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Philippines Eyes $100 Billion In Investment Deals From US, Japan

Philippine President
Philippine President Ferdinand Marcos Jr in Manila (Photo: Reuters)

The Philippines is eyeing around $100 billion in investment deals in the next five to 10 years from the country’s trilateral summit with the United States and Japan, the presidential office said in a statement, quoting its ambassador to Washington.

The investments would cover a range of different sectors including energy and digital infrastructure, the Presidential Communications Office (PCO) said, quoting Philippine Ambassador to the United States Jose Manual Romualdez.

“We’re talking about a hundred billion in investments in the next five to ten years,” the PCO said, quoting Romualdez.

Philippine President Ferdinand Marcos Jr is in Washington for a first-of-a-kind trilateral meeting with his U.S. and Japanese counterparts.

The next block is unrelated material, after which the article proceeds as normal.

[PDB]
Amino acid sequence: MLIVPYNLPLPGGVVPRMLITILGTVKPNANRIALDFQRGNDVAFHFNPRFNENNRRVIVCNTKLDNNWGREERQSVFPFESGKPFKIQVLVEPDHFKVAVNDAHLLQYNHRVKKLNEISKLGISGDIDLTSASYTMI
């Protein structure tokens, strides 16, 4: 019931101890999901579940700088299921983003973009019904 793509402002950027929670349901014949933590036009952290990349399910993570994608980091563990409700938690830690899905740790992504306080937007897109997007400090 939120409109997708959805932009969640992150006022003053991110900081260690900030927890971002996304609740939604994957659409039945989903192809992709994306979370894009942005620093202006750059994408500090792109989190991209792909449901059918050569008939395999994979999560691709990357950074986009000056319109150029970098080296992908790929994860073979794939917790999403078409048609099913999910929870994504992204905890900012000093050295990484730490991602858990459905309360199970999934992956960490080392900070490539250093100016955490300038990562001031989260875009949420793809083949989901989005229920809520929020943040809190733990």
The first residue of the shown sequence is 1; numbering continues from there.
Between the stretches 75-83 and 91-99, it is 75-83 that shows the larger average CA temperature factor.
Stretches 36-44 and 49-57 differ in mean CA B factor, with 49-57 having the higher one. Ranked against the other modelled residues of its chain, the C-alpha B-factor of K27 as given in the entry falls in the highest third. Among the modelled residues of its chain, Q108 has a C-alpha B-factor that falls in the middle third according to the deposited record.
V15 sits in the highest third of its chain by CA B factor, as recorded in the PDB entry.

Earlier, US President Joe Biden and Japanese Prime Minister Fumio Kishida announced a significant strengthening of their military alliance on Wednesday, pledging increased cooperation and a new missile defense system to address aggressive actions by China and Russia.

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“This is the most significant upgrade in our alliance since it was first established,” Biden said at a joint White House news conference with Kishida after about two hours of talks focused on the Indo-Pacific region, Ukraine, and the Gaza conflict.

Kishida emphasised their unified stance, stating, “Unilateral attempts to change the status quo by force or coercion is absolutely unacceptable, wherever it may be.” He warned, “Regarding Russia’s aggression of Ukraine… Ukraine today may be East Asia tomorrow.”

The announcements brought the two former World War Two enemies into their closest collaboration since becoming allies decades ago. Biden said their militaries would operate under a joint command structure, and together with Australia, they would develop a new air missile defence network.

A joint summit statement after the Biden-Kishida meet outlined plans for new military command-and-control frameworks to enable greater interoperability and contingency planning. They also intend to upgrade defence communications networks and network air defence capabilities between the U.S., Australia, and Japan to counter air and missile threats.

Source: Reuters